Did you know that until May 17 1990, homosexuality was classified as a mental disorder in the International Classification of Diseases? That’s right, the World Health Organisation decided that being queer was not simply an innate part of one’s self, but rather a mental disorder that needed curing.
Now, if you’re born after 1985 it might sound almost laughable to think about because obviously being queer isn’t a disease. However, the grim reality is that this classification was not only real, it held deadly consequences for many folks throughout queer history.
Before the 1940s, homosexuality was considered criminal activity and could be punishable by jail time, however in the 1950s the prevailing attitude shifted towards queerness being a disease in need of curing instead. As a result, some who were “diagnosed” with homosexuality faced an onslaught of medical abuse and experimentation; sometimes ending up in psychiatric facilities to receive “treatments” if their case of homosexuality seemed “severe” enough. These treatments could include medications, conversion therapies, sterilisation or electroshock to “fix” their illness and return them to “normal” aka heterosexual.
International Day Against Homophobia, Biohobia, Interphobia and Transphobia (or IDAHOBIT) is celebrated on May 17. The day holds particular significance throughout history as it was this day, back in 1990, that the World Health Organisation removed homosexuality from the Classification of Diseases and Related Health Problems. It is a day to look back at both how far we’ve come and to raise awareness for how much further we have to go.
Now, let’s look at some ways you can honour the date, its meaning and celebrate all that it stands for intentionally.
To live up to the IDAHOBIT spirit, we have to start with what it’s all about, which is calling out homophobia, biphobia, interphobia and transphobia. While it can feel scary to share an Instagram story, pin a poster up at work or wear rainbow colours to school, your influence on the people around you is valuable and important. Whether you have three friends or three hundred, by openly stating your support for the LGBT community, you’re letting the people around you know where you stand (and let any closeted folks around you know you’re a safe person). You can scope some IDAHOBIT-friendly pieces here.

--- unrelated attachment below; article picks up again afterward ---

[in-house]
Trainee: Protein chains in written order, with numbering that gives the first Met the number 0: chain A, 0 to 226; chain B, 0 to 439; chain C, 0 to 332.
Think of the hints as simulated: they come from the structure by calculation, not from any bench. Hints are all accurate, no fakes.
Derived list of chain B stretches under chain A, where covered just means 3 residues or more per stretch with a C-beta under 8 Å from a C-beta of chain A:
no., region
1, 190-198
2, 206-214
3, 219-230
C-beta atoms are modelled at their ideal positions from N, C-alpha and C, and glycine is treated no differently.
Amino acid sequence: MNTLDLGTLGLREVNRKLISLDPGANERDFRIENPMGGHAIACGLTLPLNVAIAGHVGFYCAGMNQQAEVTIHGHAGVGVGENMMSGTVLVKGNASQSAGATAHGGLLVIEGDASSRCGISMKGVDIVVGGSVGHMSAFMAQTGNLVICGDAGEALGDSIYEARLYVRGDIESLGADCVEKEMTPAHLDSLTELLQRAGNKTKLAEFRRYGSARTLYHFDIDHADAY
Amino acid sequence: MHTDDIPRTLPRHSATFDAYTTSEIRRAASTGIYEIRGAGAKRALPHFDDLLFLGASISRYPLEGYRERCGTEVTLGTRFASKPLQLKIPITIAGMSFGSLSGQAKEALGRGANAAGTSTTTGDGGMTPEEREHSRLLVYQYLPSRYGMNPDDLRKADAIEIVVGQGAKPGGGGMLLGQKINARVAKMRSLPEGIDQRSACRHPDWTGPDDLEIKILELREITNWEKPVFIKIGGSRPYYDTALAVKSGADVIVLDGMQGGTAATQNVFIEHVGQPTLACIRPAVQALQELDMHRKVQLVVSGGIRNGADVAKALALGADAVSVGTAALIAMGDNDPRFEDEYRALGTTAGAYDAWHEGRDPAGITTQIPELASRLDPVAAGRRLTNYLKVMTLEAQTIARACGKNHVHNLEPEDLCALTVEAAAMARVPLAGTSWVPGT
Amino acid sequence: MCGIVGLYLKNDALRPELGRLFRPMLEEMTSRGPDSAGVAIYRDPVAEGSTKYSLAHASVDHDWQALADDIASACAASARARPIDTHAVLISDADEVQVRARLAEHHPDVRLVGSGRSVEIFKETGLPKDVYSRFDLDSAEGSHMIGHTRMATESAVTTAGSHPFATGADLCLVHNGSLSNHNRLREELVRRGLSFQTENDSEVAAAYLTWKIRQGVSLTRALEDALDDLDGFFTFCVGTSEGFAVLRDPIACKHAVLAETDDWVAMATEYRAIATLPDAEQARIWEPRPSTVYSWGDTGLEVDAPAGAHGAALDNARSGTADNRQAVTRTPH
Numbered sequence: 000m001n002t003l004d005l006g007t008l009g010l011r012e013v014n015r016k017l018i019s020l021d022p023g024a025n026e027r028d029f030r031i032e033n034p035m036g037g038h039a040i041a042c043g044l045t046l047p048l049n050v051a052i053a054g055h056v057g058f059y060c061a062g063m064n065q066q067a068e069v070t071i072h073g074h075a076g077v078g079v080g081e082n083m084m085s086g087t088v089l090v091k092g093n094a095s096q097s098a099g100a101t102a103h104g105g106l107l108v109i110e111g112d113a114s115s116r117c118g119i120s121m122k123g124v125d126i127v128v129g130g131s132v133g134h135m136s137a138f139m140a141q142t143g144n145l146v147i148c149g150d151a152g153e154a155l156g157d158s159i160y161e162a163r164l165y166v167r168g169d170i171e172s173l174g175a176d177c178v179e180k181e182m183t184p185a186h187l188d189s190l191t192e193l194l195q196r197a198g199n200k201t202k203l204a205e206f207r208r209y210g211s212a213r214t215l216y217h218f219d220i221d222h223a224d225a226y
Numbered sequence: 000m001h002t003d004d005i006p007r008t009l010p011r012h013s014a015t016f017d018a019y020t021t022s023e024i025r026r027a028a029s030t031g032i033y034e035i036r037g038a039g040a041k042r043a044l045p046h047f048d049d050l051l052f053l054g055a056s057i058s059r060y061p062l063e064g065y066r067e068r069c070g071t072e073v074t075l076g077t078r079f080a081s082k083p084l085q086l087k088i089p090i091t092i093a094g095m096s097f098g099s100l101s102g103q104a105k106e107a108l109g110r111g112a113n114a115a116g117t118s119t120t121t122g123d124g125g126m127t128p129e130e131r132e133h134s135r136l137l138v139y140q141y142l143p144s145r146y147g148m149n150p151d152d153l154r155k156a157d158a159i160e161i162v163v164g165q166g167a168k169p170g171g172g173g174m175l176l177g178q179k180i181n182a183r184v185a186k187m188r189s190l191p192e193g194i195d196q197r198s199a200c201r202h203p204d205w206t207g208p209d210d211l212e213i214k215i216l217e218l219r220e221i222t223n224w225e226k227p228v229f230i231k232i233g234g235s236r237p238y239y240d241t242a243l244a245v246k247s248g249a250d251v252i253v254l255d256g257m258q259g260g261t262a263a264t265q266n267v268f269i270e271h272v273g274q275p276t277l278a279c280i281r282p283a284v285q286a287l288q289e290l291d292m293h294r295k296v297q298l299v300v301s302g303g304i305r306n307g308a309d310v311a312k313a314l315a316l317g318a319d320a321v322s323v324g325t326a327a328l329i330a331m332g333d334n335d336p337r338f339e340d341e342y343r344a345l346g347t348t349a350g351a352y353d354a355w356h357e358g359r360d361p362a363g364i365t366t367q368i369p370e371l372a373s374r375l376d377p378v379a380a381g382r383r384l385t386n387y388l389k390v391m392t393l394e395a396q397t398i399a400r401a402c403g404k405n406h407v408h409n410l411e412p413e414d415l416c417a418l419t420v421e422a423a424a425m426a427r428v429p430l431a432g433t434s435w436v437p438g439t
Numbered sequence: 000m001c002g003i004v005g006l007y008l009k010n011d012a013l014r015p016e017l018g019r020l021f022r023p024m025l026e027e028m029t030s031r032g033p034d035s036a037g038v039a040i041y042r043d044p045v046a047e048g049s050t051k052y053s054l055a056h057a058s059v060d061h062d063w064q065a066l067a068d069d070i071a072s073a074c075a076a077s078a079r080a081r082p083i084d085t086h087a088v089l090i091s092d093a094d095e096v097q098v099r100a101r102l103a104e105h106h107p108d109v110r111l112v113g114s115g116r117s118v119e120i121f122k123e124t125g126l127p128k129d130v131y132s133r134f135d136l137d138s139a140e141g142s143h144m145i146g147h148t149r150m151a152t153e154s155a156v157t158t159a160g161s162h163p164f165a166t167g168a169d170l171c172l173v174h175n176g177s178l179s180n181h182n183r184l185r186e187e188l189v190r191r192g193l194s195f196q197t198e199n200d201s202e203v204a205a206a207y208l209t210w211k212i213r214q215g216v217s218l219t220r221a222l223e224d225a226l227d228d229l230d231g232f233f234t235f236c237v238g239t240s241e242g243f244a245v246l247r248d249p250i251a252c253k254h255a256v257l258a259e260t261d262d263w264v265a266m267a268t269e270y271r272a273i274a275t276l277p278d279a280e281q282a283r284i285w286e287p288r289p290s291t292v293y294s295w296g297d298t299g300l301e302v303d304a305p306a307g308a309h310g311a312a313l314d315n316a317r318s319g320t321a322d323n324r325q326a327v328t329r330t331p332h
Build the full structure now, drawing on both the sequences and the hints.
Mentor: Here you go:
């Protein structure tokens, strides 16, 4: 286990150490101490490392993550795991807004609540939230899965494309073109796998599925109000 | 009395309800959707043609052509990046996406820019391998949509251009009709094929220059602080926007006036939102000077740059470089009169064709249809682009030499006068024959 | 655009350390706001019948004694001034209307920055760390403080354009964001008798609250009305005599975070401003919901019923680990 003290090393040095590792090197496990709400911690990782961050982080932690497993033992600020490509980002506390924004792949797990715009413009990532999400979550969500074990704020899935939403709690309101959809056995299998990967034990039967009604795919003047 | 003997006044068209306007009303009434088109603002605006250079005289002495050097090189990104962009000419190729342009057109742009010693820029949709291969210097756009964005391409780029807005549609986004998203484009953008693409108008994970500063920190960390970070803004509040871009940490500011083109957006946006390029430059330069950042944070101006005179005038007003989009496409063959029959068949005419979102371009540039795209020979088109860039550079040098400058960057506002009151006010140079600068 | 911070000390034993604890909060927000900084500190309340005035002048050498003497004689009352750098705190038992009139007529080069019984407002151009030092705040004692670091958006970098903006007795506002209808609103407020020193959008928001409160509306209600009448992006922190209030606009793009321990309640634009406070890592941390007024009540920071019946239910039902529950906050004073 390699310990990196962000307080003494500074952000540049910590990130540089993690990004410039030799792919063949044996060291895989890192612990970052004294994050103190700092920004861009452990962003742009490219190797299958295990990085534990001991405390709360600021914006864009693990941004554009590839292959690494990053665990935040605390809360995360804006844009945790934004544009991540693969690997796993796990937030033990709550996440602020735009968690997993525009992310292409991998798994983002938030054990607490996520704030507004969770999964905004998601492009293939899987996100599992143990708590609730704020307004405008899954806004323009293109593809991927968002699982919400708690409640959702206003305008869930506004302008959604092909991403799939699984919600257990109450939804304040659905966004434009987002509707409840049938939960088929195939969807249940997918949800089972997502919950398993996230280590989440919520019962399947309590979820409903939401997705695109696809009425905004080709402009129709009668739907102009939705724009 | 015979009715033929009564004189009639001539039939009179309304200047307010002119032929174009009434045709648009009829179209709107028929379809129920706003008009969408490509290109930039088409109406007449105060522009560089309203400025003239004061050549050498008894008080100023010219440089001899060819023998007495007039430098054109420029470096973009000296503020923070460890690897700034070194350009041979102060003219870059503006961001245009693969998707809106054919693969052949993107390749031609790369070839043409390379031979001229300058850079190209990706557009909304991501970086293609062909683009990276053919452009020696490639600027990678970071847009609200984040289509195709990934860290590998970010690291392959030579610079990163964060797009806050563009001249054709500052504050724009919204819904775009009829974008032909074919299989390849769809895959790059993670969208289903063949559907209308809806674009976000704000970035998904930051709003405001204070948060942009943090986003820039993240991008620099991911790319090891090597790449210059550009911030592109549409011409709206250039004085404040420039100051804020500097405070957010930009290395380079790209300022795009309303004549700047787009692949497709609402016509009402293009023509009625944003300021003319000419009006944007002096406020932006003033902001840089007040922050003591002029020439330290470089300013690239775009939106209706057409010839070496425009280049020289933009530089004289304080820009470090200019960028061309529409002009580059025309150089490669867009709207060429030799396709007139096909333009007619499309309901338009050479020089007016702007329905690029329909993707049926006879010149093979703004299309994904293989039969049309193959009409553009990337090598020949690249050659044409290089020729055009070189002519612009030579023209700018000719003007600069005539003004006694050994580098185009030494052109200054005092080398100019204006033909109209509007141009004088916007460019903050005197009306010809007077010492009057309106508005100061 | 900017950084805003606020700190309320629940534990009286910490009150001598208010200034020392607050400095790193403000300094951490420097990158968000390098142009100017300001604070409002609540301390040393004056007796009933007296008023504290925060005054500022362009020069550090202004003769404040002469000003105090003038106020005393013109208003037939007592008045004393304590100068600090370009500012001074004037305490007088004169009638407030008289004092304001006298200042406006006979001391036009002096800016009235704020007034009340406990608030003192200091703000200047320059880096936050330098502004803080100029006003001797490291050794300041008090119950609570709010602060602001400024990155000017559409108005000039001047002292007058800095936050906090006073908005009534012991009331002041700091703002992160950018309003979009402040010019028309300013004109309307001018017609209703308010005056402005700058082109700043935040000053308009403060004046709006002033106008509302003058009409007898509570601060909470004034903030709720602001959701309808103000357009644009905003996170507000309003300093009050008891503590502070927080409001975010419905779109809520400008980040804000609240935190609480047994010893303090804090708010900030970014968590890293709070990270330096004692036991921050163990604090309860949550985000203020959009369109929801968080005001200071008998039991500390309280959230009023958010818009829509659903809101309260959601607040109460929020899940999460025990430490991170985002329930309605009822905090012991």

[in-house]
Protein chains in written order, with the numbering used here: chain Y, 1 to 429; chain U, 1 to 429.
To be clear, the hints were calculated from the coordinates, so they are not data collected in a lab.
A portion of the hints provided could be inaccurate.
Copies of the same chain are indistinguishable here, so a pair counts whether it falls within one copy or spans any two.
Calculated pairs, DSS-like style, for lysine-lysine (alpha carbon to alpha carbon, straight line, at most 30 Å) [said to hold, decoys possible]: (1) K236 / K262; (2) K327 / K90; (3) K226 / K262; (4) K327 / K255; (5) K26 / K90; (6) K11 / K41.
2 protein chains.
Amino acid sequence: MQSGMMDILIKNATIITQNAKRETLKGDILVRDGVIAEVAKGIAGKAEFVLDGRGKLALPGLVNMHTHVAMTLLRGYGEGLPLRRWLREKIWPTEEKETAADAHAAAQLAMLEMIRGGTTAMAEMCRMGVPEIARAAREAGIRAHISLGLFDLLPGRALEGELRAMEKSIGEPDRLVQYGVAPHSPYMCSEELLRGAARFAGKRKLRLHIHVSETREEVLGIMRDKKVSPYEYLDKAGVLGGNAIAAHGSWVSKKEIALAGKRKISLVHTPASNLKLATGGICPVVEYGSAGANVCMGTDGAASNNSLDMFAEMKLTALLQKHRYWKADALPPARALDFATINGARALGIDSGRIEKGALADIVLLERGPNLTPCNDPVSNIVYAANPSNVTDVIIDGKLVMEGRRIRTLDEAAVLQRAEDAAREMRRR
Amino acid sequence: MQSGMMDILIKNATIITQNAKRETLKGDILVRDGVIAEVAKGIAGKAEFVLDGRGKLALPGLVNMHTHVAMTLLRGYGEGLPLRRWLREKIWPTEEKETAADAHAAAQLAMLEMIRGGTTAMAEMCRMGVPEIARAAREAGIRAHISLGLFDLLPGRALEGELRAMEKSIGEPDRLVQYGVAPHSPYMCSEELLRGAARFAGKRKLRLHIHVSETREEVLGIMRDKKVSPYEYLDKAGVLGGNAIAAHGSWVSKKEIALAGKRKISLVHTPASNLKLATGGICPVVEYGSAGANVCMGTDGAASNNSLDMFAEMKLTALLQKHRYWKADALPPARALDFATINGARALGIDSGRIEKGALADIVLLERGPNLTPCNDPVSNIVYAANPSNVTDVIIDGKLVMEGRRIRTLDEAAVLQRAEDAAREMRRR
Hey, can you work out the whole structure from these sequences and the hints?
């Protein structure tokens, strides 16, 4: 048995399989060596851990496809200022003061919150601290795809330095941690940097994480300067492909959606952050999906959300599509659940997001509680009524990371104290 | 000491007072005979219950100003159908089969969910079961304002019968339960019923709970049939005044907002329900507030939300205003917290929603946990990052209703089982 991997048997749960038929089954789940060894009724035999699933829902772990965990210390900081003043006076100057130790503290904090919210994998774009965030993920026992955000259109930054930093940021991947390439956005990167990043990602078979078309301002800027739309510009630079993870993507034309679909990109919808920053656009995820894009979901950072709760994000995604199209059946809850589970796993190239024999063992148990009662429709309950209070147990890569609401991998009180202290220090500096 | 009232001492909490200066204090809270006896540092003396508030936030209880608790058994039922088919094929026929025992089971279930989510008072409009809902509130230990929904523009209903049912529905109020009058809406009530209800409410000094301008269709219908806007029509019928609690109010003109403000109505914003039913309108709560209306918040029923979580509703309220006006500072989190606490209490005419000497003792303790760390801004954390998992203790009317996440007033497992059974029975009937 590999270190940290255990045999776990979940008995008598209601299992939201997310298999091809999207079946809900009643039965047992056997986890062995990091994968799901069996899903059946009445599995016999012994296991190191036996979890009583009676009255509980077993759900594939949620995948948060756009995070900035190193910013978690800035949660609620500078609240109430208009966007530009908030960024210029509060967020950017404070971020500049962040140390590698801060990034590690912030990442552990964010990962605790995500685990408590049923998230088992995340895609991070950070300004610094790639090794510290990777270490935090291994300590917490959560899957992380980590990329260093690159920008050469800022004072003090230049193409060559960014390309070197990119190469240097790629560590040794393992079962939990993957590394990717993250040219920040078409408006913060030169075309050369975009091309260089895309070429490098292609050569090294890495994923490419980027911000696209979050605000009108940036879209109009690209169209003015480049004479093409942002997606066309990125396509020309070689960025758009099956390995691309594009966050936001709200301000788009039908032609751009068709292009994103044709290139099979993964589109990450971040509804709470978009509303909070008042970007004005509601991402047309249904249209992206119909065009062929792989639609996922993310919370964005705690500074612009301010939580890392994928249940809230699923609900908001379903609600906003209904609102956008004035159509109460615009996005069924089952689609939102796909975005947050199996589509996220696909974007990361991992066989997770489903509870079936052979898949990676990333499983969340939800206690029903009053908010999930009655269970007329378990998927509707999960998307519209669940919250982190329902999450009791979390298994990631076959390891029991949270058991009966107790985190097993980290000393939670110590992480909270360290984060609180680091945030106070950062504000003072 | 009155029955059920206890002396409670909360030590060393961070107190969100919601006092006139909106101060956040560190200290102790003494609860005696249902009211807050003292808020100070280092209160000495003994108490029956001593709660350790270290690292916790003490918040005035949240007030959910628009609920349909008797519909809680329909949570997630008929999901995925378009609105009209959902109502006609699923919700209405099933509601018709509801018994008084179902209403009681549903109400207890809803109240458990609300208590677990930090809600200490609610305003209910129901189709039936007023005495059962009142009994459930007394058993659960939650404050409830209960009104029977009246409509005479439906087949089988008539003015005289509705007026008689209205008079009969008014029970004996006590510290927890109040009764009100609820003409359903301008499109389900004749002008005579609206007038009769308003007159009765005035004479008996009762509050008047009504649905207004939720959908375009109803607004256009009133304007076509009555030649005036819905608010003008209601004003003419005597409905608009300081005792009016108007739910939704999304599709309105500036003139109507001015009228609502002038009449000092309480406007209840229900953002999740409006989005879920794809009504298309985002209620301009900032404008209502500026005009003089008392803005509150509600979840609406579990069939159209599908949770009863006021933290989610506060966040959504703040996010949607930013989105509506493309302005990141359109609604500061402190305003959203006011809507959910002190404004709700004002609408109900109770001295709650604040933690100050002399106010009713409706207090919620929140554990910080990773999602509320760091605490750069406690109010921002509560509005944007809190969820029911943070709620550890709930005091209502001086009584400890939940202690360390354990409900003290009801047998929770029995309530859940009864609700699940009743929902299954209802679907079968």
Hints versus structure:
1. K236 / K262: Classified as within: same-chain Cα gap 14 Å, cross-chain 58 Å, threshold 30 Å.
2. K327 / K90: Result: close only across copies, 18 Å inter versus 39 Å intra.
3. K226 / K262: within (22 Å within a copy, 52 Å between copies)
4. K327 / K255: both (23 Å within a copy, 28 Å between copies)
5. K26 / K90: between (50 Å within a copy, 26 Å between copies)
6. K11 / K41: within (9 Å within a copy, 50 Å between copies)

Did you know that there are 73 jurisdictions around the world that still have laws criminalising homosexual activity between same sex adults? Did you know New Zealand only banned conversation therapy practices this year? Did you know that some homosexual men in Britain were being forced to have hormone therapy to reduce their desire for gay sex until 2003? Whether you answered yes or no, there are definitely friends and family of yours who are unaware of this so consider starting a conversation at dinner tonight! Sharing informational resources can also help answer questions some potential allies may be too scared to ask. Don't know where to start? Rudy Jean Rigg's Rainbow History Class has almost half a million followers on TikTok so head right over here.
When you have the means, making donations (big or small) to LGBTQIA+ charities and organisations enables so much incredible work to continue. Consider also donating to a GoFundMe, when queer people ask for help on social media and other direct transfers to help those in immediate crisis: community care is vital. You can start right here.
Follow More LGBTQIA+ Creators
A great way to get to know more about the LGBTQIA+ community directly is by following LGBTQIA+ creators on social media. TikTok, Instagram and Discord have many incredible Australian and NZ content makers who give you a whole lot of life realness when it comes to LGBTQIA+ history.
Get started with some of our favourites below:
- AJ Clementine
- Courtney Act
- Micah Scott
- Felicia Foxx
- Samantha Andrew
- Frances Cannon
- Khanh Ong
- Rude Jean Rigg
If you don’t know much about the LGBTQIA+ community, there are so many ways you can educate yourself, all while keeping pretty entertained. Read these books, listen to these podcasts, and binge these movies and TV series that hero LGBTQIA+ stories.
Next up, check out this guide on how you can be a better trans ally. After you've given them a follow, get familiar these seven trans activists breaking barriers around the world. Finally, check out Minus 18's helpful inclusive language guide (and share it with your mates).
For more info on IDAHBOT and how you help support today and beyond, head here.
Image credit: Daya Czepanski